Compared to other megafauna species that also became extinct during the peak ice age, the cave bear had a more specialized diet and a relatively limited geographic range. This could explain why it died out earlier than the other great animals of the Pleistocene. Over time, however, it was discovered that the cave bear’s diet may have changed, and the reduction in genetic diversity took place long before its extinction.
Thus, the most important cause of the extinction of the cave bear has not yet been identified. Perhaps someday we will be able to discover this secret.
Detailed data / size
The cave bear (Ursus spelaeus)
- Height at the withers: 120-134 cm (3.9 – 4.4 ft)
- Height standing: up to 350 cm (11.5 ft)
- males 400-600 kg (880 – 1322 lb); max. 1000 kg (2200 lb)
- females 225-250 kg (496 – 551 lb)
- Dated: 250-27 thousand years ago (Pleistocene)
- Distribution: Europe
Various estimates are available for the weight of cave bears. In 1967 Kuurten estimated its weight in the range of 410-440 kg, in 1976 he expanded this range: 400-450 kg. In 1994 Viranta estimated the weight of males at 224-1316 kg, and of females at 224-986 kg, suggesting at the same time that the average weight of males was 319 kg, while females were 244 kg. Vereschagin and Baryshnikov suggested in 1984 that the largest cave bears in the hibernation period could weigh up to 1000 kg.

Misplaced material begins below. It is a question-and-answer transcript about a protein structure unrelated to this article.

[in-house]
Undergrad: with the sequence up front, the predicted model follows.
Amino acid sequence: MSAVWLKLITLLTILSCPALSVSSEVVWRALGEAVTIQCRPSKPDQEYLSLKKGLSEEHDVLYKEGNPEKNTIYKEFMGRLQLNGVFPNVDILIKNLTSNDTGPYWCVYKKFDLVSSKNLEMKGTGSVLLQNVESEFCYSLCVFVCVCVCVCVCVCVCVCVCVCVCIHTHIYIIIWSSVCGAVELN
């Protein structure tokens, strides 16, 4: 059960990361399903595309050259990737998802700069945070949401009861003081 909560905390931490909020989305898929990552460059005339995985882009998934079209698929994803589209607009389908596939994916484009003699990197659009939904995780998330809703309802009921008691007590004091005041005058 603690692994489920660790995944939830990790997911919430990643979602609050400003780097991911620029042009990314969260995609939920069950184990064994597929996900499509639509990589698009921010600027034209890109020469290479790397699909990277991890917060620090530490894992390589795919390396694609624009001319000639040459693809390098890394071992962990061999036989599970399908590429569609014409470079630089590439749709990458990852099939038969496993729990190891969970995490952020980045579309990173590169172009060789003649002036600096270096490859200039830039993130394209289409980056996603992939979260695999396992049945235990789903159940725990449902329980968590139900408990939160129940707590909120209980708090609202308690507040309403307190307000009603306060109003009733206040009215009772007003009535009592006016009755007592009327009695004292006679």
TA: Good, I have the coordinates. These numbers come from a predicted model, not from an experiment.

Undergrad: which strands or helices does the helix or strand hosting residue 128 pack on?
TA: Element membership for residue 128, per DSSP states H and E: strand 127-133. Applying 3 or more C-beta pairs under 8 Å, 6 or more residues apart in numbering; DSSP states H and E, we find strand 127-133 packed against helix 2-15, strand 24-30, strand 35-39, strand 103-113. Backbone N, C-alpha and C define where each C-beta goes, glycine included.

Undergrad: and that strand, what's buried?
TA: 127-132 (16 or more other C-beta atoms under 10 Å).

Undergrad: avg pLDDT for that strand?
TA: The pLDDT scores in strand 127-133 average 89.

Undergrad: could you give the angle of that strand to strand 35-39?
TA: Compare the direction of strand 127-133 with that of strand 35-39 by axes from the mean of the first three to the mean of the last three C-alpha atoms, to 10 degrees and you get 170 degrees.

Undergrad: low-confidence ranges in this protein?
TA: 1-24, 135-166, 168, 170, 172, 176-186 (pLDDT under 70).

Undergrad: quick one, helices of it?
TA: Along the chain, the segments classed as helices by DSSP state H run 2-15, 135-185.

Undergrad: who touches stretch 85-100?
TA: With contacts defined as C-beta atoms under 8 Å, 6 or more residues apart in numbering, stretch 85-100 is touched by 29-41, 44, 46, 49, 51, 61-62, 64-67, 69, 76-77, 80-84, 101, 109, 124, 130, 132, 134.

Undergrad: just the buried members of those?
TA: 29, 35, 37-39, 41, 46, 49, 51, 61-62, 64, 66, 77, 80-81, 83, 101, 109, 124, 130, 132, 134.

Cave bear (Ursus spelaeus) – interesting facts
- The name of the cave bear, similarly to the Latin Ursus spelaeus, is associated with the fact that the remains of these animals are found mainly in caves.
- It is believed that the cave bear spent a lot of time in the caves, not only during the hibernation period as do modern brown bears.
- The closest modern relative of the cave bear is the brown bear. Both species come from a common ancestor, the so-called Etruscan bear (Ursus etruscus), which lived from about 5 million to about 100 thousand years ago.
- There are many caves in Europe where the remains of these large mammals have been found. In Poland, such an example is the Bear Cave – the longest cave in the Sudetes mountains.
- The skeleton of a cave bear was first described in 1774. This was done by Johann Friederich Esper. Initially, the remains were considered the remains of dragons, unicorns, monkeys, canines or felines. But Esper figured they were fossilized bones of a polar bear. Only 20 years later, the anatomist Johann Christian Rosenmüller gave the find a new name.
- During World War I, thousands of discovered cave bear skeletons were destroyed.
- Scientists reconstructed the DNA of the cave bear. Not to the extent of cloning it, but sufficient to confirm its relationship with modern brown bears.